Crimson Romance, a division of Simon and Schuster, is no more. This is significant because according to the Ripped Bodice 2017 Diversity Study, Crimson had 29.3 percent of their books written by people of color. That's the highest number of the publishers on that list.
Also from the report:
For every 100 books published by the leading romance publishers in 2017, only 6.2 were written by people of color. Down from 7.8 in 2016.Authors of color have the odds stacked against them when it comes to traditional publishing and you almost wonder, why do we do it?
Obviously, it's because we love telling stories. We think Black Love matters and we want to tell our own stories without stereotypes.
See, when you see #ownvoice, #weneeddiverseromance #Diverseromance, those hashtags aren't for marketing purposes, it's a rallying cry. I don't know about you, but as a romance reader, I want to see people who look like me falling in love. Why can't black people get their HEA? Latinos, handicap people, LGBTQ people?
It's like a broken record.
Kimani Press, a division of Harlequin, is closing and most of the books in the other series lines are written by white women — even if black and brown faces are on the covers. When a friend of mine was on Facebook talking about the Ripped Bodice report, a non-POC woman basically said authors of color should stick to indie publishing. Talk about white privilege. She's traditionally published, but she doesn't think people who don't look like her should have the same opportunity. Her attitude is obviously mirrored by editors or the NY gatekeepers. There's a publisher on the Ripped Bodice report that has 0 percent of AOC writing for them. Also, Pocket Books told the Romance Writers Association in 2015 that they didn't publish African American romance.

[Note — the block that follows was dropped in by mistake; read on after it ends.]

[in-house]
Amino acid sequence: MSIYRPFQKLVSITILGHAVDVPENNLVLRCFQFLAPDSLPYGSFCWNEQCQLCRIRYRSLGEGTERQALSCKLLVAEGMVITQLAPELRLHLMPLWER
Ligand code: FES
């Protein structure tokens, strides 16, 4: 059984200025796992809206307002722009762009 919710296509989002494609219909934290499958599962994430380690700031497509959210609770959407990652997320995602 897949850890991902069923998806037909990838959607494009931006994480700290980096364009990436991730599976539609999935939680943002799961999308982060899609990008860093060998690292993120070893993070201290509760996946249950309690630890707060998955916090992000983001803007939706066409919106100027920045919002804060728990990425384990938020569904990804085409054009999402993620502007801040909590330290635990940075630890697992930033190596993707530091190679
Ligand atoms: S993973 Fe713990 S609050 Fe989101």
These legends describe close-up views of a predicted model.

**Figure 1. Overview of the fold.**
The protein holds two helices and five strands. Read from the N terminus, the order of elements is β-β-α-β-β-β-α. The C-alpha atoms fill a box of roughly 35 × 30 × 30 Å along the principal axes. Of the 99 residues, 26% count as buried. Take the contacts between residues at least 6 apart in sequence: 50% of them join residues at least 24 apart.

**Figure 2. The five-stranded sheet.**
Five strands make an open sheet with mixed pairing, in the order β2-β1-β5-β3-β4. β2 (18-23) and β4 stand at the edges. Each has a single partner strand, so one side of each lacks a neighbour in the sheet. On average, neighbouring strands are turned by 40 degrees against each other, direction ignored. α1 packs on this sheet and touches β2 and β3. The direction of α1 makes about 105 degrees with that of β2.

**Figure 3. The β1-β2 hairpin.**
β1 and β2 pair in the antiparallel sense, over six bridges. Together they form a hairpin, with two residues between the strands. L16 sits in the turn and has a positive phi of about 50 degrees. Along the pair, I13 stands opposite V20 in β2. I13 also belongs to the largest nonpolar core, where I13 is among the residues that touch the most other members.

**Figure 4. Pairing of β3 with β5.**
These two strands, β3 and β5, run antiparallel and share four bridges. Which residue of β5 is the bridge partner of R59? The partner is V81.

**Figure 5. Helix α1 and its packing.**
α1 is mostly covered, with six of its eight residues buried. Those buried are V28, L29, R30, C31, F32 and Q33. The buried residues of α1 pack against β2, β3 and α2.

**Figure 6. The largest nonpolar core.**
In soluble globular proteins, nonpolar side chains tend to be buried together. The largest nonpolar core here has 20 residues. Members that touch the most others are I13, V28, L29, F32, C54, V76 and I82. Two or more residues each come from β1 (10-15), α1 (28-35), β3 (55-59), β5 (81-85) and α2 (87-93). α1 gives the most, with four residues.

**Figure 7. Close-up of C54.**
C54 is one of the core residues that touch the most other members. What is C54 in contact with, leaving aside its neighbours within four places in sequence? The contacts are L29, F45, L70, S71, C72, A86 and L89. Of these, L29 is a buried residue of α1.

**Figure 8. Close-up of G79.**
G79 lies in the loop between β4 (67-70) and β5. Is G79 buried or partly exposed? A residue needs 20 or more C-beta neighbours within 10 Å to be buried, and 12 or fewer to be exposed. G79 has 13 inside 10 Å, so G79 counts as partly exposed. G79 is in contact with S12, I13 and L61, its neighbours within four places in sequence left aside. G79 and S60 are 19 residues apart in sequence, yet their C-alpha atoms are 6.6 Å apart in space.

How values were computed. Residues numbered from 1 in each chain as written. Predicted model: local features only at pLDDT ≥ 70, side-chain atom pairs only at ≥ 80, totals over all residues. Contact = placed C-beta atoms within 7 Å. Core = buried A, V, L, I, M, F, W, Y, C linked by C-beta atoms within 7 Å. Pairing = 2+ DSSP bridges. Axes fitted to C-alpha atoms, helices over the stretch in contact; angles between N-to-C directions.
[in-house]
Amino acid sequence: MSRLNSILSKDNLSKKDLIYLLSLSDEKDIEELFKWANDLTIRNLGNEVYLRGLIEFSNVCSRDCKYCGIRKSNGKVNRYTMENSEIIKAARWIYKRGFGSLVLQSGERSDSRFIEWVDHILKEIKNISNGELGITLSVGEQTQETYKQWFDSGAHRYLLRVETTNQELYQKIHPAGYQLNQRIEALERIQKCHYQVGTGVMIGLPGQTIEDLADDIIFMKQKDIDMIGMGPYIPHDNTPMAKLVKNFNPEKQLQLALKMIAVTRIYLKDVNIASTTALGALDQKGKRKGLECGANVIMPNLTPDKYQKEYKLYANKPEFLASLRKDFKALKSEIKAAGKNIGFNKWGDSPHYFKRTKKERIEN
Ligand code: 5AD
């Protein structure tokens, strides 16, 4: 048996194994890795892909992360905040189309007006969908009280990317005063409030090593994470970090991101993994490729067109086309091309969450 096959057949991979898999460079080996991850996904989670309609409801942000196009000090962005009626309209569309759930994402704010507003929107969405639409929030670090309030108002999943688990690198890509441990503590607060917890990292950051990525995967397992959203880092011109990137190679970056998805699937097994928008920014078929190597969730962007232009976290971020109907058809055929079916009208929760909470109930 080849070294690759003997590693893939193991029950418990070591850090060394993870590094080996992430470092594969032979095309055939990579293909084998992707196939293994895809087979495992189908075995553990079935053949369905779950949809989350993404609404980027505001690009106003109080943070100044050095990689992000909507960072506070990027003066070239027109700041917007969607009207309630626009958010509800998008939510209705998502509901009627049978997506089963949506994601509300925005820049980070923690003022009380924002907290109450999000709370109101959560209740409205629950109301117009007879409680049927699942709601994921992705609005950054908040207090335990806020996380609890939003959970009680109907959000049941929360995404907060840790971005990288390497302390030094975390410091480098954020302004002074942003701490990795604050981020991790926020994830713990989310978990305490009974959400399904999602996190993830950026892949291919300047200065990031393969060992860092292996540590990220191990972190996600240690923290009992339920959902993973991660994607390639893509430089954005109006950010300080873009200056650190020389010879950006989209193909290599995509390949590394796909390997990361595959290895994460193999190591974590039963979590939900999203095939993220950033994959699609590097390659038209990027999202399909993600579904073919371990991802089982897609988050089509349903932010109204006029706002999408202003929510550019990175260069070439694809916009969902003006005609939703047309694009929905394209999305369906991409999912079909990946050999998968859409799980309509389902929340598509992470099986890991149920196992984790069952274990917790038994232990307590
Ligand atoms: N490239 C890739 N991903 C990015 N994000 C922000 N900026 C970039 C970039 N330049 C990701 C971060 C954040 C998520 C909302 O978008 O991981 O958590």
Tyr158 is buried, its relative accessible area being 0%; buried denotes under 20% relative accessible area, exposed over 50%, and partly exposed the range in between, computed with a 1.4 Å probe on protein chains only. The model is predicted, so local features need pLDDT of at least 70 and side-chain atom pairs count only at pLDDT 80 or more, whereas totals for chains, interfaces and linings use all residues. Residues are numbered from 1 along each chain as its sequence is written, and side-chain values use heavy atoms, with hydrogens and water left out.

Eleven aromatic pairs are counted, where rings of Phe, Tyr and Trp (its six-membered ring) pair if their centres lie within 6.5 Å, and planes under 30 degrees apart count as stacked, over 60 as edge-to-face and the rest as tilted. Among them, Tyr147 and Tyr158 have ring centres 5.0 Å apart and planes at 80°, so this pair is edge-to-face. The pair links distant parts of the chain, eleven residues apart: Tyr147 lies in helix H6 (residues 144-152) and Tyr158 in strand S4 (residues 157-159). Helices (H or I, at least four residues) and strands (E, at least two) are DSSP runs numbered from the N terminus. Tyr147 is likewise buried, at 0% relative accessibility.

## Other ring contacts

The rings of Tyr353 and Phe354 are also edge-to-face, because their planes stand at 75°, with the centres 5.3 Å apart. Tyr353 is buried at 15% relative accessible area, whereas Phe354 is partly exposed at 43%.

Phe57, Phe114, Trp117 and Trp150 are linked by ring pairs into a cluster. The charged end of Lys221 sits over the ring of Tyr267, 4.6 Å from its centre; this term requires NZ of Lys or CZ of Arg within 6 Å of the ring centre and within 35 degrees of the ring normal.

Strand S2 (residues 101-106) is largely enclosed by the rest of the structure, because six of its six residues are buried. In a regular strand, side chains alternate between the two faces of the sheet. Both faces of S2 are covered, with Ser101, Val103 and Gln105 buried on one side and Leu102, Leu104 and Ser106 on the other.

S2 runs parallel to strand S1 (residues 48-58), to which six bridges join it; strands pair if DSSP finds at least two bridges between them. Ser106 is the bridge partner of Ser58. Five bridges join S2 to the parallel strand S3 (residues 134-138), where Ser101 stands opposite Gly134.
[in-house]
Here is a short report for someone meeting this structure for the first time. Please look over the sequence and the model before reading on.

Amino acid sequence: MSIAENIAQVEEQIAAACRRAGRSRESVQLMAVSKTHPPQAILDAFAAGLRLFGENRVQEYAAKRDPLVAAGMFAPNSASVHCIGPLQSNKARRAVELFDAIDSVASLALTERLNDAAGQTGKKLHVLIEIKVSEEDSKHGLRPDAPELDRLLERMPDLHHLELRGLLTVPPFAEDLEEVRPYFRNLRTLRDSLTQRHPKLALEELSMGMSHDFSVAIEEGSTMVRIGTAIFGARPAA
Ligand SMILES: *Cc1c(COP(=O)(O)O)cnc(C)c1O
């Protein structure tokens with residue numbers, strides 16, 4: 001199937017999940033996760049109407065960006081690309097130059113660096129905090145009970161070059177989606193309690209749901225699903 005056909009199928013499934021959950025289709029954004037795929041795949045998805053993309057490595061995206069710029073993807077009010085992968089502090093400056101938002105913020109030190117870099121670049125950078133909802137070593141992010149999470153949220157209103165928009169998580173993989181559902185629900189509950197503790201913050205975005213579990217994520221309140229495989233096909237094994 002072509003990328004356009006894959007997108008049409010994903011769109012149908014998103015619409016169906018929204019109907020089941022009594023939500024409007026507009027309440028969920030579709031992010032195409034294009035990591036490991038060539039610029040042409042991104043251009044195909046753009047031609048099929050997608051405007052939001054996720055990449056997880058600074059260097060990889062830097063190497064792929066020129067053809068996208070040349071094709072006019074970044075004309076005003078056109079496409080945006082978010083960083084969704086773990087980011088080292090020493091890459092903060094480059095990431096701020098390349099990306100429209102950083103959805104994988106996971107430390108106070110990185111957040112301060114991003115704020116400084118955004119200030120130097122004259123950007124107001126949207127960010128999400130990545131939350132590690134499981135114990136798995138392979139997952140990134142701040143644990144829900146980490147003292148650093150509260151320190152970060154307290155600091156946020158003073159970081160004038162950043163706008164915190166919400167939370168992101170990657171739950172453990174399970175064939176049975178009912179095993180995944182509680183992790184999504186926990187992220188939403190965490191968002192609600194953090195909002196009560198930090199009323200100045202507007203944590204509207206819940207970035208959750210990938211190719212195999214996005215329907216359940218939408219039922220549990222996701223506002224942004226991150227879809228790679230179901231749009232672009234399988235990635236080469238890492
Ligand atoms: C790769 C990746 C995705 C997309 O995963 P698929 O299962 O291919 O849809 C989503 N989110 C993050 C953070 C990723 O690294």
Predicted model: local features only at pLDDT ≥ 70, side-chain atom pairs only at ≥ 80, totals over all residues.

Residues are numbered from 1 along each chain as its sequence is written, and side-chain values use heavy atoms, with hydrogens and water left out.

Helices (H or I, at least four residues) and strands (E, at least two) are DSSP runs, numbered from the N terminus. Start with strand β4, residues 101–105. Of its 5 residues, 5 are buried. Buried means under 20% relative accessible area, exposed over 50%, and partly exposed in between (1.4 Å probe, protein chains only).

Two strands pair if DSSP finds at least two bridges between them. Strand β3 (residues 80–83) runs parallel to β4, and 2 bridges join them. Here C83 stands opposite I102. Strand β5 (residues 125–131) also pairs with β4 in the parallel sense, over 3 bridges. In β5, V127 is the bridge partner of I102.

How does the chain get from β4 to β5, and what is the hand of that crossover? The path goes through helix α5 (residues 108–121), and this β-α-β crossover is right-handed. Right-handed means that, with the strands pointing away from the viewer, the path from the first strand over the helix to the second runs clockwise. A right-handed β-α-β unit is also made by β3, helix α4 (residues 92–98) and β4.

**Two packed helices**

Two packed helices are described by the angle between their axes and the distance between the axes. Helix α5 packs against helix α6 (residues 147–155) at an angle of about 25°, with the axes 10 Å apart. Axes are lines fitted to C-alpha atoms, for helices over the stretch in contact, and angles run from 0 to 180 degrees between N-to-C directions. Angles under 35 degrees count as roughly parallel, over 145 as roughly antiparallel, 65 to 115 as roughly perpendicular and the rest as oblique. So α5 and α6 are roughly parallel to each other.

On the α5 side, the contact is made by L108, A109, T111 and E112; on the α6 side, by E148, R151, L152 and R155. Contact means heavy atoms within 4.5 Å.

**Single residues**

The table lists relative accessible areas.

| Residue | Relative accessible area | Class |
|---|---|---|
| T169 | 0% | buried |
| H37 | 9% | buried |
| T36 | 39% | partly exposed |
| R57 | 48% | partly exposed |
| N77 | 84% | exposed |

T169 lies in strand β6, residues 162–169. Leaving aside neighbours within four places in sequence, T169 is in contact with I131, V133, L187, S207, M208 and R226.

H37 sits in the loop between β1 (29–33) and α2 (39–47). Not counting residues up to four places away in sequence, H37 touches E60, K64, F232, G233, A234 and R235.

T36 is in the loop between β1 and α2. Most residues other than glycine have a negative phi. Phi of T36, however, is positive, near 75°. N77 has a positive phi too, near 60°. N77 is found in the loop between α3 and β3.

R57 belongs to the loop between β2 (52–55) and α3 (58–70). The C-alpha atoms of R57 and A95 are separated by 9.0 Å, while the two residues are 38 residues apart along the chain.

Publishers want black readers to buy their books, they just don't want black writers telling their stories. You can get mad if you want to, but the numbers don't lie.